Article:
Question: I love watching all the birds during winter. Is one type of feeder superior to the other? If so, which is best?
Answer: More than 30 species of birds may visit your feeder over the winter. Some of the birds you may come across are blue jays, cardinals, woodpeckers, tufted titmouse, chickadees, dark-eyed juncos, wrens and nuthatches. Feeding birds can be a very enjoyable pastime for naturalists of all ages.
Basically, there are five different types of feeders designed to attract certain birds; tray, hopper, tube, basket and nectar. First, decide what types of birds you want to attract and this will then dictate the type of food and location of the feeder. But overall, choose the sturdiest design with the least amount of moving parts.
The first type, a tray feeder, is as simple as an open platform where seeds, nuts and fruits can be scattered. This type attracts various ground feeders such as juncos, doves and sparrows. Look for ones with an edge around it to prevent the food from being kicked onto the ground. It also should have holes on the bottom for drainage to prevent the food from remaining wet for long periods of time which will cause it to get moldy. Start out with a small amount of food until the birds become familiar with the location of the feeder. Adding a roof over the platform will help keep the food drier and is then called a fly-through feeder. Food used in a platform feeder includes hulled sunflower seeds, safflower, thistle, mixed seeds and nutmeats.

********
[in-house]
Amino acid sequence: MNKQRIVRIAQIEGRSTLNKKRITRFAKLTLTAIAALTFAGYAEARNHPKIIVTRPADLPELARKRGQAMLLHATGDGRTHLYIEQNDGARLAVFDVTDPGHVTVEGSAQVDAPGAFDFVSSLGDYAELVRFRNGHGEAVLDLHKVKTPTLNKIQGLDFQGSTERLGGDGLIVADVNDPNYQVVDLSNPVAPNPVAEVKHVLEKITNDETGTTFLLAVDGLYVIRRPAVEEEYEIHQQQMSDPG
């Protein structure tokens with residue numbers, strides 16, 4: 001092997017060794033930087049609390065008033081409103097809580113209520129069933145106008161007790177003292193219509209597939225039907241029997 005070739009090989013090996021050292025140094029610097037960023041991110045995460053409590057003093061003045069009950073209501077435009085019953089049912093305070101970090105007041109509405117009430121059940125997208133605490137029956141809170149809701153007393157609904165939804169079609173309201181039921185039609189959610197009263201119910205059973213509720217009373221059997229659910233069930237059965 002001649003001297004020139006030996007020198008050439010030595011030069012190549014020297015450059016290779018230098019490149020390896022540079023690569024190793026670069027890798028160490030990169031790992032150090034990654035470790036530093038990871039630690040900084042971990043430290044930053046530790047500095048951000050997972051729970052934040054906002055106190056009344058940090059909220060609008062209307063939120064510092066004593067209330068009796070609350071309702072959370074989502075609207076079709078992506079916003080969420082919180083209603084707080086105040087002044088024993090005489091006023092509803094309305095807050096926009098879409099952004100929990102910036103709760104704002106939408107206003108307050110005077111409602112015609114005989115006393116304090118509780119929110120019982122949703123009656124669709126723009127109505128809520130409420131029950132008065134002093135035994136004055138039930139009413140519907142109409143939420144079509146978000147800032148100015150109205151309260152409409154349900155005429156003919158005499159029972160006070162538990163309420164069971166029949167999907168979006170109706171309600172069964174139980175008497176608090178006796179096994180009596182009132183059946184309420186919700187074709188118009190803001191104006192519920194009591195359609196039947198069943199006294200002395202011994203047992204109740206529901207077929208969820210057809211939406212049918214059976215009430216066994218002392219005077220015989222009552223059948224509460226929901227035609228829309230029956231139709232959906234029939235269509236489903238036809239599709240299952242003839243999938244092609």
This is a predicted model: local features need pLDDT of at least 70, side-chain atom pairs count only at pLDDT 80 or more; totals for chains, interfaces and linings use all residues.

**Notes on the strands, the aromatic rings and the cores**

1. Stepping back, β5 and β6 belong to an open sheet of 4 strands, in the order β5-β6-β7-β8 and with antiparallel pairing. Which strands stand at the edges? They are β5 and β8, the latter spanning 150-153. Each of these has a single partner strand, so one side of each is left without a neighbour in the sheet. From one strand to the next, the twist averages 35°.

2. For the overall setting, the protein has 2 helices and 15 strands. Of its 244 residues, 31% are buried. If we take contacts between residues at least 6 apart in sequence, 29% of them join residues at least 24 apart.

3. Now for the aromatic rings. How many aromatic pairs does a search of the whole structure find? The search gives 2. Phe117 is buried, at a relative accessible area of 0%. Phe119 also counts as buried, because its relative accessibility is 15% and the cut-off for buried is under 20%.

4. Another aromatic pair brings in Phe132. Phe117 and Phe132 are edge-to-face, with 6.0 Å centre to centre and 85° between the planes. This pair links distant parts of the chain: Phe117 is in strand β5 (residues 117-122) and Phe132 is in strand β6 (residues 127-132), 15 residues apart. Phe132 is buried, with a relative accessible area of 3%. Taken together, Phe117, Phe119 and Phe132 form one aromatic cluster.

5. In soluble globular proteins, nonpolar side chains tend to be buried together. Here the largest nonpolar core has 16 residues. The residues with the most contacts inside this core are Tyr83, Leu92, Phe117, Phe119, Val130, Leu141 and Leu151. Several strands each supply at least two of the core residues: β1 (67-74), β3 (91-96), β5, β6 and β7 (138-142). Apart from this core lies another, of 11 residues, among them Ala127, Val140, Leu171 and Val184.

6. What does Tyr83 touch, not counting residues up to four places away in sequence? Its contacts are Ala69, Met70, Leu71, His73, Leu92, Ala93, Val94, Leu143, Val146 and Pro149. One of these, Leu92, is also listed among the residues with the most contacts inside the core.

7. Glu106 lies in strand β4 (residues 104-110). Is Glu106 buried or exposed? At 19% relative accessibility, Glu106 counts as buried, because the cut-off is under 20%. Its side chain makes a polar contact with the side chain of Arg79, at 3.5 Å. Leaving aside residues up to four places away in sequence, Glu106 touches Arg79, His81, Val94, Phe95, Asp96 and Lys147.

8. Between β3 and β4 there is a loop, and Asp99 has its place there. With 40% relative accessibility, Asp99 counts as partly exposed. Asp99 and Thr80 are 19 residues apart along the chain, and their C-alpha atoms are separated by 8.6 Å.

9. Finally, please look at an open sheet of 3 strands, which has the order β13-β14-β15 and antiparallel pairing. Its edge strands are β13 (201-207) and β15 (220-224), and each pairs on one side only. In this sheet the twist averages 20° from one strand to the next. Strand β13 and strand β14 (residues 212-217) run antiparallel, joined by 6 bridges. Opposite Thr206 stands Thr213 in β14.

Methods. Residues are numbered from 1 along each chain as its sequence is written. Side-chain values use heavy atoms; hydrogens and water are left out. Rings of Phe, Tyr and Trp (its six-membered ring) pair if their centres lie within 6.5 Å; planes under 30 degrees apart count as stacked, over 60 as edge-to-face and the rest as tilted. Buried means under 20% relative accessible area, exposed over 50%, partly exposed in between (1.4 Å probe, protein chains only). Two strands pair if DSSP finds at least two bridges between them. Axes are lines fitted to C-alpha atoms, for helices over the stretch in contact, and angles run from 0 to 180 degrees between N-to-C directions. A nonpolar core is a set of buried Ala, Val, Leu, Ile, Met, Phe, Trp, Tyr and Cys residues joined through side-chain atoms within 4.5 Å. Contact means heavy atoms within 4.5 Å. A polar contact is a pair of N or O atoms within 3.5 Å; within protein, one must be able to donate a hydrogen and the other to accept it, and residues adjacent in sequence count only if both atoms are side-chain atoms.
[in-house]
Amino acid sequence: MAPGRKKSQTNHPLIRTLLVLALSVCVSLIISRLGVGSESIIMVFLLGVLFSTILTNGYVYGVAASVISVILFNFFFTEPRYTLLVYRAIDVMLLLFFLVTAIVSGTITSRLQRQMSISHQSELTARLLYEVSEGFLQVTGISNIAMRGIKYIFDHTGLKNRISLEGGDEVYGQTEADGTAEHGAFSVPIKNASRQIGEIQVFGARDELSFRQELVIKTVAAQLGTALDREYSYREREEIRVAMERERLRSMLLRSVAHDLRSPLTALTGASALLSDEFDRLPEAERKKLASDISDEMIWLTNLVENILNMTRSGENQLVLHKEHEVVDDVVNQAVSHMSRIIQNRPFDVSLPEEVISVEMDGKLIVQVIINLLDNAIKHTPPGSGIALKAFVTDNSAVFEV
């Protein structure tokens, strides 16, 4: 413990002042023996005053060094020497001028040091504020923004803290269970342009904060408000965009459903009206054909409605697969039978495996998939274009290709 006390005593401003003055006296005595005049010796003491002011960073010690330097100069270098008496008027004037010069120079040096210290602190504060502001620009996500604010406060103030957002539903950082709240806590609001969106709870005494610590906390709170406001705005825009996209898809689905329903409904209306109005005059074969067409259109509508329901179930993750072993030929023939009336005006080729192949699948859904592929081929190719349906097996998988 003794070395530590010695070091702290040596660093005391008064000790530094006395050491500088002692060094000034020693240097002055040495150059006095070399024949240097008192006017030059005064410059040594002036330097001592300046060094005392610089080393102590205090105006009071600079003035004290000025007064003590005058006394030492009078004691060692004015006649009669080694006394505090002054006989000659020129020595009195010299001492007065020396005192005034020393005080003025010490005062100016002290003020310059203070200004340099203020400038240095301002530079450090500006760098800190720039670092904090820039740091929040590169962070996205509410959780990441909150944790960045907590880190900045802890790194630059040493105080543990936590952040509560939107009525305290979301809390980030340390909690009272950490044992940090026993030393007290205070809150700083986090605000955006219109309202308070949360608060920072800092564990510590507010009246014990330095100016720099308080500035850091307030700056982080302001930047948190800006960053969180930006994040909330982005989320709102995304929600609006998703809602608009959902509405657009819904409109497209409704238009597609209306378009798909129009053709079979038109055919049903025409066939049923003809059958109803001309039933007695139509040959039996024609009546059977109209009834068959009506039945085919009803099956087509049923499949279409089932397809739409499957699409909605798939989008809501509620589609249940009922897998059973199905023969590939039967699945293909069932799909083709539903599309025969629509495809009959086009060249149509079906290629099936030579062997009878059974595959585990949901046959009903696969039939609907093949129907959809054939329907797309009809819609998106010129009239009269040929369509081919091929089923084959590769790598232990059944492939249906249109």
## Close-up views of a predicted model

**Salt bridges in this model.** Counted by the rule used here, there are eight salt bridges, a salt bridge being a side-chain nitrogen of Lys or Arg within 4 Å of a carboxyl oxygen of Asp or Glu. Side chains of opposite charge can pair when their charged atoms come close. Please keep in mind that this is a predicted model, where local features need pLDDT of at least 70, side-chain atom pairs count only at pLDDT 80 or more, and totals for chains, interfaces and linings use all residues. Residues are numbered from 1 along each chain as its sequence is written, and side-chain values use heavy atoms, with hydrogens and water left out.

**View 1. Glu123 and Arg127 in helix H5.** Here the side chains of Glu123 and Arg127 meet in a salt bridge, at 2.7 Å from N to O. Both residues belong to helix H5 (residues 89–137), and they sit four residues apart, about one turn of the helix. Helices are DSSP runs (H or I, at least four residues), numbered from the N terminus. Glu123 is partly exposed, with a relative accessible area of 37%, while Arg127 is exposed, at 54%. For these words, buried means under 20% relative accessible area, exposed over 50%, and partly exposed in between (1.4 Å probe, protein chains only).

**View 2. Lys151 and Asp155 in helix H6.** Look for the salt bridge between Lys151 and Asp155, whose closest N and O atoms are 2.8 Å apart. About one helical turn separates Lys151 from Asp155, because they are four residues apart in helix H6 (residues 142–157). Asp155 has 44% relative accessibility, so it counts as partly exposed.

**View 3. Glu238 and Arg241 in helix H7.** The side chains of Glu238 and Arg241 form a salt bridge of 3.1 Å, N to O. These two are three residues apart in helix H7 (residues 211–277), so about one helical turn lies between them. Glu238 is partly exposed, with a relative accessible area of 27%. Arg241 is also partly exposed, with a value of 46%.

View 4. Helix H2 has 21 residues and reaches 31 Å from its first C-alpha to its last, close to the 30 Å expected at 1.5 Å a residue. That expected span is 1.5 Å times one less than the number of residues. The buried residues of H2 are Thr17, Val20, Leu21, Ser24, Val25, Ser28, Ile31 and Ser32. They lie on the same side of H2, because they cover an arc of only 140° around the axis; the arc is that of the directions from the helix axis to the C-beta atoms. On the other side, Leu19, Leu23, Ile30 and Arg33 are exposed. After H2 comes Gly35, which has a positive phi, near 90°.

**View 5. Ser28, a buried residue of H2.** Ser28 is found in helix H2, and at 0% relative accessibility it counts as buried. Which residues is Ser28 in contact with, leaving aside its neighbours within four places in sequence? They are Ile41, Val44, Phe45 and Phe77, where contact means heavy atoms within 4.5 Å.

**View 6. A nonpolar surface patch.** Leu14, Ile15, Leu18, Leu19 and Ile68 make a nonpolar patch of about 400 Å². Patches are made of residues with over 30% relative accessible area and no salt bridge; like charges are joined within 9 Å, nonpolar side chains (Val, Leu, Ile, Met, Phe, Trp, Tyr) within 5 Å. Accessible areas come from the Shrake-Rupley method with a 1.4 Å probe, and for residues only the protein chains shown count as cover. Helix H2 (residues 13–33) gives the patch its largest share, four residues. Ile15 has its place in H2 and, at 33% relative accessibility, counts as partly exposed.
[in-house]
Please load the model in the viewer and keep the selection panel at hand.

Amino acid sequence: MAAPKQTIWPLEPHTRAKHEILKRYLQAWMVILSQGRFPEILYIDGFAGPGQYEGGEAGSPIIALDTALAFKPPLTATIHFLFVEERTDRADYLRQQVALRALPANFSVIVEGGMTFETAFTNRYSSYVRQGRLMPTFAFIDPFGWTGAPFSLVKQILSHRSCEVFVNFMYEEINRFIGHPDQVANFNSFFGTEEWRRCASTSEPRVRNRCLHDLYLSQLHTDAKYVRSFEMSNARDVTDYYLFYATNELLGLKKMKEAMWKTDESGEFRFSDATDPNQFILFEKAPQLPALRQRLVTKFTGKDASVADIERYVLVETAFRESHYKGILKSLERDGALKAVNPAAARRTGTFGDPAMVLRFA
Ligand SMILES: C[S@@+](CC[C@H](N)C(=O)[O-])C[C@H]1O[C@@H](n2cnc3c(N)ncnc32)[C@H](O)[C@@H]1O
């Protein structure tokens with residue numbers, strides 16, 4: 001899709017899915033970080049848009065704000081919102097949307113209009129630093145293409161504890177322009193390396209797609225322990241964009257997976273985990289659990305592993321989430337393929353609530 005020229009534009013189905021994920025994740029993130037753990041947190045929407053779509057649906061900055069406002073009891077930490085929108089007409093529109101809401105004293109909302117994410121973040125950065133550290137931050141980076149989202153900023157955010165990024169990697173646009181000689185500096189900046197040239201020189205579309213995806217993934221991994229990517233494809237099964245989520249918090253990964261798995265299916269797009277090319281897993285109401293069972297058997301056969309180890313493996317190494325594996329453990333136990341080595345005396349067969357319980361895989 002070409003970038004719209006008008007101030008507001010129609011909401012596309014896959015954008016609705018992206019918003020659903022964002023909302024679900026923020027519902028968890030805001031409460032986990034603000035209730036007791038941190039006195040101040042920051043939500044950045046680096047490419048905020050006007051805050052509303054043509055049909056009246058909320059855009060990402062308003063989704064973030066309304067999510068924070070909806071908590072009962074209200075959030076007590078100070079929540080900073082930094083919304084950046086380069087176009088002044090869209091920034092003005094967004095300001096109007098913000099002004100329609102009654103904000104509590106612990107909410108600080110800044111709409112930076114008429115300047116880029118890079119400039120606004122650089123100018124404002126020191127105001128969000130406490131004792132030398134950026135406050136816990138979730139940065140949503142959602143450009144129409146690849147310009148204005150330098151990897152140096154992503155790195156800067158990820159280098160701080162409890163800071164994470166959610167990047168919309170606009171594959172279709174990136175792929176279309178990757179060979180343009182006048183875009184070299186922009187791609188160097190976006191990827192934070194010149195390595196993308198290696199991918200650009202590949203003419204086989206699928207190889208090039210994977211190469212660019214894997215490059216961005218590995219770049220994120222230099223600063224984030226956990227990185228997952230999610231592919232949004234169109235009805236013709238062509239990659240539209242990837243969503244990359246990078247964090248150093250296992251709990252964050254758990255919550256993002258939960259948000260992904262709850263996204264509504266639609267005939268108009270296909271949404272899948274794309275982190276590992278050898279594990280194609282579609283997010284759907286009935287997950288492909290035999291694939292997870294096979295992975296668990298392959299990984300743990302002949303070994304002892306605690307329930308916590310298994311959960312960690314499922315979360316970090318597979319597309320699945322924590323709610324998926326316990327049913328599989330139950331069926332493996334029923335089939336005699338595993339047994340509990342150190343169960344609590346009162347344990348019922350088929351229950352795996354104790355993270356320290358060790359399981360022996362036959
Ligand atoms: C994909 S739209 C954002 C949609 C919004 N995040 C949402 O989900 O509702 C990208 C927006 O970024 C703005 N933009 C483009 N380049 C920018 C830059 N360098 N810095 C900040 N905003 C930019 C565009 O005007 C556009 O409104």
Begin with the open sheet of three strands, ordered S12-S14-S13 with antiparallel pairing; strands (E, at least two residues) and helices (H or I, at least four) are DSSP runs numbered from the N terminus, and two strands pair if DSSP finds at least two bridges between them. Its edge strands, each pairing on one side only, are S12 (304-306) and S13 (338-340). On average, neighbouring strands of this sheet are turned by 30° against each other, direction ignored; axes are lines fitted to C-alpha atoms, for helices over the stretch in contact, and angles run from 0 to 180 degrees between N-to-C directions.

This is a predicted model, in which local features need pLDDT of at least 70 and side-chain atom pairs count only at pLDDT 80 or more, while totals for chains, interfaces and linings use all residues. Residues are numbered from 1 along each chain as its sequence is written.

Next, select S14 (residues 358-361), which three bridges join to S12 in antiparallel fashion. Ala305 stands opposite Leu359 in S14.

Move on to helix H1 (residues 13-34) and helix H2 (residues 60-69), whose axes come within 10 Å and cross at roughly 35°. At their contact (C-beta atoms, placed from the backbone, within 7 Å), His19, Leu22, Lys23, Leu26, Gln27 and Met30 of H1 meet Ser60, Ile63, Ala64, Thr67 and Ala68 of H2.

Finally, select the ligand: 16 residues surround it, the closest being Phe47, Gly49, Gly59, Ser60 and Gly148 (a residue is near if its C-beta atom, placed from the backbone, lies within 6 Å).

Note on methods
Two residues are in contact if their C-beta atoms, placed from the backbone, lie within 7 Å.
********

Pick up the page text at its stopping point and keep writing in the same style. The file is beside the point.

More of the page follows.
Hopper feeders have an enclosed storage of seeds above the area where the birds eat. This helps keep the food drier and needs filling less often. Birds preferring this type of feeder include cardinals, purple finches, chickadees, juncos and grosbeaks. Seed used with this type of feeder can include hulled sunflower, safflower, thistle, mixed varieties and nutmeats. Adding a squirrel deterrent may help keep squirrels from emptying the feeder.
Tube feeders have openings along the length of the tube and are used for many types of food. There are specific tubes with smaller opening designed for Niger seeds which attract goldfinches. Designs with smaller perches will limit the feeder to smaller birds. Basket feeders are primarily for suet, unshelled peanuts and chunks of fruit. Chickadees, woodpeckers and nut-hatches will enjoy visiting these feeders. Not commonly used in winter in our area, nectar feeders attract hummingbirds starting sometime in April. There are several different styles but ones that are easily cleaned are preferred.
Mona Bawgus is a certified master gardener and consumer horticulturist with Rutgers Cooperative Extension of Atlantic County. Write to her c/o Rutgers Cooperative Extension, 6260 Old Harding Highway, Mays Landing, NJ 08330. Email: